For many, one of the best things about planning a summer vacation is making your swimwear looks in order. From stylish one-pieces to figure-flaunting bikinis, we enlist here the top new swimwear brands to get on your radar and put into your suitcase.
This London-based swimwear brand combines design, luxury, and sustainability. Consider this label if you are heading to the Amalfi Coast since everything they make looks eatra great with linen coverups and an oversized straw hat.
Rebecca Larsson, founder of Ack Swim, applies an eccentric sensibility to her swimwear. Think tie-dye suits that work from the beach to the Venice boardwalk and neon mismatched sets worthy of a Miami vacation.
Created in 2012 by Jasmin Larian, Cult Gaia started as a coveted label for bags. It has since skyrocketed into a full-fledged fashion brand and become one of your one-stop shop for Insta-ready dresses, bags, shoes, and most recently, swimwear. They pay attention to all the details, with swimwear featuring luxe 1970s prints, acetate rings, and more.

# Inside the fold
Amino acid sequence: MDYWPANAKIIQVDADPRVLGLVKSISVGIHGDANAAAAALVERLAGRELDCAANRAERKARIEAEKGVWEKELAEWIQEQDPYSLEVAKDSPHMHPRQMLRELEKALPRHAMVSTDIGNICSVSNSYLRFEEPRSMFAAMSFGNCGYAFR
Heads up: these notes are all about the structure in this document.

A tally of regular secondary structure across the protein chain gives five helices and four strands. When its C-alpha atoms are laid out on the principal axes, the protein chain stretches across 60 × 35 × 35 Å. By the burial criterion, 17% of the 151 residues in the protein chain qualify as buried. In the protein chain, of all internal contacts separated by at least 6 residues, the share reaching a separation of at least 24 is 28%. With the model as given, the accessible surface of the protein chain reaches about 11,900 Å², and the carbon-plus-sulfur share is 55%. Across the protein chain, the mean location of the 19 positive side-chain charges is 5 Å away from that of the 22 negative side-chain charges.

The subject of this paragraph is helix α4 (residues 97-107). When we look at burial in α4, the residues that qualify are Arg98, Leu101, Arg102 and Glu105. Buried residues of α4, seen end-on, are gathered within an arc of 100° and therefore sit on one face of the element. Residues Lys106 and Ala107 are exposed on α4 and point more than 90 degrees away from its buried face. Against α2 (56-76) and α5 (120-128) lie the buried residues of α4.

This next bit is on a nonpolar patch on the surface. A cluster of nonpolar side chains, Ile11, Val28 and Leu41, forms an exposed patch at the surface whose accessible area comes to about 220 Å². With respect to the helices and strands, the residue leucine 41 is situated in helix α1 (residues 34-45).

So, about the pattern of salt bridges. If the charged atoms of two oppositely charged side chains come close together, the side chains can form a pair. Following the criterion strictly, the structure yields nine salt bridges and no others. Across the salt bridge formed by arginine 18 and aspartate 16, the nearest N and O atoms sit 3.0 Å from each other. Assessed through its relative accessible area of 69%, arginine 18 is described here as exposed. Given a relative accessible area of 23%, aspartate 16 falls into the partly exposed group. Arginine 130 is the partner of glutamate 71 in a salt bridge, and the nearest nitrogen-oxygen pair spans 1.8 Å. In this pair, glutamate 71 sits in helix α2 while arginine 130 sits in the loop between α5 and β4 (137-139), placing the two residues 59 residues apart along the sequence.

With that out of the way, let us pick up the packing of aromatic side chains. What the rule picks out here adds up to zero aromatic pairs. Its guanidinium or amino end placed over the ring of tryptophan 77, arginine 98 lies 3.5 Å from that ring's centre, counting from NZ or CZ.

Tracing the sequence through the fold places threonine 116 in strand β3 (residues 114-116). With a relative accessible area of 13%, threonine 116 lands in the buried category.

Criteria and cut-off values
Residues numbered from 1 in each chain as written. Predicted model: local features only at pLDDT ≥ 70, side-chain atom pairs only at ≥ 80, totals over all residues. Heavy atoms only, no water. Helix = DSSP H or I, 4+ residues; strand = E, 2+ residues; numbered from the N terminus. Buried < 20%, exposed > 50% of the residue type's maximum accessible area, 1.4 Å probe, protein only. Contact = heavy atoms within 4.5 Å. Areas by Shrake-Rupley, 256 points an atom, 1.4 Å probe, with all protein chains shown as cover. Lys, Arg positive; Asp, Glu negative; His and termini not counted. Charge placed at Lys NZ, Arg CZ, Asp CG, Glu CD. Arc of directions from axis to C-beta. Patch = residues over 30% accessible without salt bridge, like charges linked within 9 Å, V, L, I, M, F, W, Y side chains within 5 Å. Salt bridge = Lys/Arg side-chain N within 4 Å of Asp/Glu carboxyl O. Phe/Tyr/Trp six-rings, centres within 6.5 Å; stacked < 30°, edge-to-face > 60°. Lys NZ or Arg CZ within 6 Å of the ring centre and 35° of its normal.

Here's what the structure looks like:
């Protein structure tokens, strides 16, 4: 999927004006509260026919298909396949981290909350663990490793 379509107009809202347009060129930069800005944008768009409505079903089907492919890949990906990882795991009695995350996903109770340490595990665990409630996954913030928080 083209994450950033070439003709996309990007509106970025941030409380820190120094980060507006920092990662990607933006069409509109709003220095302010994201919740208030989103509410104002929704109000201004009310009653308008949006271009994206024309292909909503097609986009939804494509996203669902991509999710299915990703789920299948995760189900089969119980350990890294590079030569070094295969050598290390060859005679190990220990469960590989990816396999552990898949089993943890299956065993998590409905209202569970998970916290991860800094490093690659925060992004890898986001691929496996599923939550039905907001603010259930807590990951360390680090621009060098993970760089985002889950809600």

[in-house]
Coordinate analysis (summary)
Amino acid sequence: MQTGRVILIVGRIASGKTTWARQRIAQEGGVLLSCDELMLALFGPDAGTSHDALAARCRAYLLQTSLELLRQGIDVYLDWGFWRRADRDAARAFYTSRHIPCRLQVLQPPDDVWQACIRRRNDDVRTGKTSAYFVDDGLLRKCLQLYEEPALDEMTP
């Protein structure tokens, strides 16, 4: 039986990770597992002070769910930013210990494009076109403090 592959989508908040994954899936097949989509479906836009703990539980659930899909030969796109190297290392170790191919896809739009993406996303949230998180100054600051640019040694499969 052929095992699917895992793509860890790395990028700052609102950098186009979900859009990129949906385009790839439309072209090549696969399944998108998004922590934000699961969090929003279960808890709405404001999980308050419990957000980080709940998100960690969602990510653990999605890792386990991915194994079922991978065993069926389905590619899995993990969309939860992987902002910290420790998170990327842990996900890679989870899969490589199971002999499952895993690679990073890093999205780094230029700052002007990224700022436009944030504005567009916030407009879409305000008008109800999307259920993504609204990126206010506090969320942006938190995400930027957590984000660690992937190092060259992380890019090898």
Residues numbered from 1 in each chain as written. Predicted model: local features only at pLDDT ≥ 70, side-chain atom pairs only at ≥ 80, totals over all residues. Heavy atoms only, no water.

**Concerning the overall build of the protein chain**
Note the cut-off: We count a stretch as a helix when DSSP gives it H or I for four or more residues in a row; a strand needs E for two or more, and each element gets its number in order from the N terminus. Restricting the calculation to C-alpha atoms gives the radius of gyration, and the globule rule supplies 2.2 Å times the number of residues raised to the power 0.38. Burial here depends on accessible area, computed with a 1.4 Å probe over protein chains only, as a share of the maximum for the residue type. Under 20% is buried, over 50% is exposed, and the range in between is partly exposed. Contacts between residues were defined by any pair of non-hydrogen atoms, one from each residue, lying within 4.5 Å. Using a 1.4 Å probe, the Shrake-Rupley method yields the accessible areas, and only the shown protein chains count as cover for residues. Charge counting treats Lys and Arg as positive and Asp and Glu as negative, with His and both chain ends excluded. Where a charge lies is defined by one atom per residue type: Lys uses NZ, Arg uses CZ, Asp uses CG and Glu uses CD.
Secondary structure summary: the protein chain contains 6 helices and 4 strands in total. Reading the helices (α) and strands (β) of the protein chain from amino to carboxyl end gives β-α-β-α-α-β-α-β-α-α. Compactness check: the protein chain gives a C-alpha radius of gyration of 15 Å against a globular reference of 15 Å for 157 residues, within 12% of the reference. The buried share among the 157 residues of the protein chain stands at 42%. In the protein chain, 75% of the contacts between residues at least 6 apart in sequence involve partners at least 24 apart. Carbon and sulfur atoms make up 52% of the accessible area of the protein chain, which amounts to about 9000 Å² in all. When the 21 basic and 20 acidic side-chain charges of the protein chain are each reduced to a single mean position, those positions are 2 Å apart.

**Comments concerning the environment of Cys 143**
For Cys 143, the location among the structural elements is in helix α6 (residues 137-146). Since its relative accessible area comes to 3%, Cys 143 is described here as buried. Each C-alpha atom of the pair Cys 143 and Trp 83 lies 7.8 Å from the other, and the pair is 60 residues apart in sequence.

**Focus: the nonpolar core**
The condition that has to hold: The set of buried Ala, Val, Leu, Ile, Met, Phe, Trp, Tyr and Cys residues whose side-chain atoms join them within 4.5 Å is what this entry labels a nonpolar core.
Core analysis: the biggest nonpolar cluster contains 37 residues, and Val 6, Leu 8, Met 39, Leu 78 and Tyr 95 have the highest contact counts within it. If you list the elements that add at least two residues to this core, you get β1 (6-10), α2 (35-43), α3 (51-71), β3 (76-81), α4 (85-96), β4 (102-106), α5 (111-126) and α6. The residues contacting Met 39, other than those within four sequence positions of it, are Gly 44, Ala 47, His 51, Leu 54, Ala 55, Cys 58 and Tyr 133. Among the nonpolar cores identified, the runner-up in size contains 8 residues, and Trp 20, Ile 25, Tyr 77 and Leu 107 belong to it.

Emily Ratajkowski’s strappy one-pieces and barely-there bikinis are favorite amongst social media scenesters. Their multi-strap triangle tops were made for a ‘gram.
Lisa Marie Fernandez
Beyoncé, Rihanna, and Selena Gomez are just some fans of Lisa Marie Fernandez‘ swimsuits. Their retro, modern cuts best mixxed with their elevated ready-to-wear collection, coming in matching prints cut in flowy dresses and bolero jackets.
Crochet suits get a sultry touch with Akoia Swim. The fickle fabric seems to stretch and create ill-flattering silhouettes, but Akoia figured it all out, meeting the needs of customers who prefer a Brazilian cut. These handmade swimsuits are also made in Bali, which is exactly where you will catch so many women wearing some of these covetable sets.
Born in 2014 in Western Australia, Palm has the aim of creating the perfect swimwear. It makes traditional suits with surprising details, such as buttoned cutouts and a new way to think of the wired bikini top. Moreover, it uses Econyl fabric, a textile made from recycled plastic and old fishing nets.